As an adoptee in the series, “Charlie Barnett” has been able to use “Russian Doll” to process his family history.
It’s been three years since the Season 1 of the Netflix dramedy first brought out Barnett’s character, Alan, and series’ creator Natasha Lyonne‘s Nadia together in a falling elevator, which instantly kills them.
Season 1 seems to have been fixated on the concept of the present; Season 2, however, takes Nadia and Alan to the past, where they would find themselves inhabiting their ancestors’ bodies and witnessing the kind of family traumas that they could have only guessed about before.
“I had never got the chance to meet my birth mother,” Barnett said. “But I have met my birth grandmother. And I’ve never met my birth father. I have little puzzle pieces that I’ve been trying to put together for now. And, I admit, there might be a million holes inside of my soul because of it.”
Neither Alan’s mustache nor his father had made it into the script. Still, Barnett is said to have imagined that Alan relied less on his facial hair to affirm his masculinity as the season progresses, and he learns that to lean into his most innate power. And Alan’s gender expression is further pushed as he soon begins moving through the world as Agnes. However, Barnett thinks the storyline is bigger and more nuanced than the usual Alan questioning his identity.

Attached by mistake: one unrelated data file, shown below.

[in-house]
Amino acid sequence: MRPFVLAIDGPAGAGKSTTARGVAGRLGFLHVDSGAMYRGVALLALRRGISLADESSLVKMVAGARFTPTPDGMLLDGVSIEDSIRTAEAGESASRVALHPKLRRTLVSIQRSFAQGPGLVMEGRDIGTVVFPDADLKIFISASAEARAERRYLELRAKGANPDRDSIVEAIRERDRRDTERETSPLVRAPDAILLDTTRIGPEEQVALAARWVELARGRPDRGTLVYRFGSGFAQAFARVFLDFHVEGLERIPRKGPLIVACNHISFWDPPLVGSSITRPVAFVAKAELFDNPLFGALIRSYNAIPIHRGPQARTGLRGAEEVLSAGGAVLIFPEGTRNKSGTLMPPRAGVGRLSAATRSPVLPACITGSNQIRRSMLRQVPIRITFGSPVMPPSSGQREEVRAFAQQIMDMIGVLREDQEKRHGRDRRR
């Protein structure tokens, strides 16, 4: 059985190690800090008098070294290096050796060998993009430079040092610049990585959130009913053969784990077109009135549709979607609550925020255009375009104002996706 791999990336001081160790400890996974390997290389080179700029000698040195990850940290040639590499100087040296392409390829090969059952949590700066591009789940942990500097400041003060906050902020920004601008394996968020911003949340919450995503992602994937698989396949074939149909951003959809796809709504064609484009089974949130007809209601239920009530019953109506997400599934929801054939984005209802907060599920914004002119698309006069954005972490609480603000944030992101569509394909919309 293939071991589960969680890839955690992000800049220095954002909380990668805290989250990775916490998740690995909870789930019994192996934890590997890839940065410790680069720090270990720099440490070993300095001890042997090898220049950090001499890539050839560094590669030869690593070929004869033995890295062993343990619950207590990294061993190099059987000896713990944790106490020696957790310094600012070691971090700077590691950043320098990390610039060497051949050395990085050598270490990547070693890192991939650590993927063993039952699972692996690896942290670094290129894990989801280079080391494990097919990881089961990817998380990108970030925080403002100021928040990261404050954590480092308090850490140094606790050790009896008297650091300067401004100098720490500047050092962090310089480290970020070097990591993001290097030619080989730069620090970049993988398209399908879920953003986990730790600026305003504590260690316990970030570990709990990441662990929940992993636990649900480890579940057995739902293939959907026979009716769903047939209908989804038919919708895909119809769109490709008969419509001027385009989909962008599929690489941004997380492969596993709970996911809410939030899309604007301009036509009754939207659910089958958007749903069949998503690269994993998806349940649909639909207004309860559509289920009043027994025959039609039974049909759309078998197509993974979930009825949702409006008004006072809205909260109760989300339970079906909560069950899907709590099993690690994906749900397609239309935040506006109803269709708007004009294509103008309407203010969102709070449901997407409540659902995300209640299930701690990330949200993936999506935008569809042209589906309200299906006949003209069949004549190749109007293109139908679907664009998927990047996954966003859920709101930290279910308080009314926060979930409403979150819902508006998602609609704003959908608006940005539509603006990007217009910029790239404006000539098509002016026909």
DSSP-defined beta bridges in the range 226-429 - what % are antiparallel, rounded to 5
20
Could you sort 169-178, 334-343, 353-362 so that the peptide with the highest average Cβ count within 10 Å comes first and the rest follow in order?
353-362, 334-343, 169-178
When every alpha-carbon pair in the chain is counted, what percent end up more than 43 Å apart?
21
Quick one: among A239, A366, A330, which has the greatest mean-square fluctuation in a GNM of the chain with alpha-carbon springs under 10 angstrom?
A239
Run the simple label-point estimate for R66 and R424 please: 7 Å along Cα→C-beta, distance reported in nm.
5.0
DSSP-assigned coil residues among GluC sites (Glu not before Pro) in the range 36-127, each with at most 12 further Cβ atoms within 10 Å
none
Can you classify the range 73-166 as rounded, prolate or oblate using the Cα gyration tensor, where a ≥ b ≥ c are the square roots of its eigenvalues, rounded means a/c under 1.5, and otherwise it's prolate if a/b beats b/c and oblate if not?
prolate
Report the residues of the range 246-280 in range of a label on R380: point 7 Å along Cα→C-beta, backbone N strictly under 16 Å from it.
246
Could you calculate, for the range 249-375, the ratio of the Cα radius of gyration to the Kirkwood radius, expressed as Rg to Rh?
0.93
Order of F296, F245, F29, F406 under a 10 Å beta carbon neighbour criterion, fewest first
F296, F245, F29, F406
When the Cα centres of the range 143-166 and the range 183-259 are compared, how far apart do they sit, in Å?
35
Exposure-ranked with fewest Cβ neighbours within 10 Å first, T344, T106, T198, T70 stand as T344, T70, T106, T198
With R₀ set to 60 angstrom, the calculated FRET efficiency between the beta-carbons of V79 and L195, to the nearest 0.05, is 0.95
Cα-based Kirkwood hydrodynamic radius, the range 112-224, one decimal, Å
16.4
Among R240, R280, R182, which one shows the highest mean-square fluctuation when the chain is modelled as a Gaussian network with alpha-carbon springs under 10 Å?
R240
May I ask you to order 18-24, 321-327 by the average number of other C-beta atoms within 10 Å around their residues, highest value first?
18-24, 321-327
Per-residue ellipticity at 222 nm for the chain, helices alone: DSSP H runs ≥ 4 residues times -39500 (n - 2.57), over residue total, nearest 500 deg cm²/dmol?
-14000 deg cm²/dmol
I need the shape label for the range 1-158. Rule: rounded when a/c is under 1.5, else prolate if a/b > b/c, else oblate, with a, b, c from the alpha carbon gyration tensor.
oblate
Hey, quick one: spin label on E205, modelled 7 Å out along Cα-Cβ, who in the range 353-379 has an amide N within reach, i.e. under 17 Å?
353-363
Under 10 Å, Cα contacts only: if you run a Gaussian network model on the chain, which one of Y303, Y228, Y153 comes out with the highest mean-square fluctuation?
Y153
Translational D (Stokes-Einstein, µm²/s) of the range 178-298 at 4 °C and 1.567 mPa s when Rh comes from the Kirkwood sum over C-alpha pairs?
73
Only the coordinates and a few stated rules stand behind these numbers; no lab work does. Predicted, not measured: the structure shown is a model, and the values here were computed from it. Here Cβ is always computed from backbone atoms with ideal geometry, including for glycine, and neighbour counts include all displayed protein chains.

Lyonne and other “Russian Doll” producers have provided Barnett with different books and articles to give him more context about the many groups of African immigrants who would have traveled to Berlin for her educational purposes, despite the pressures of the ongoing Cold War.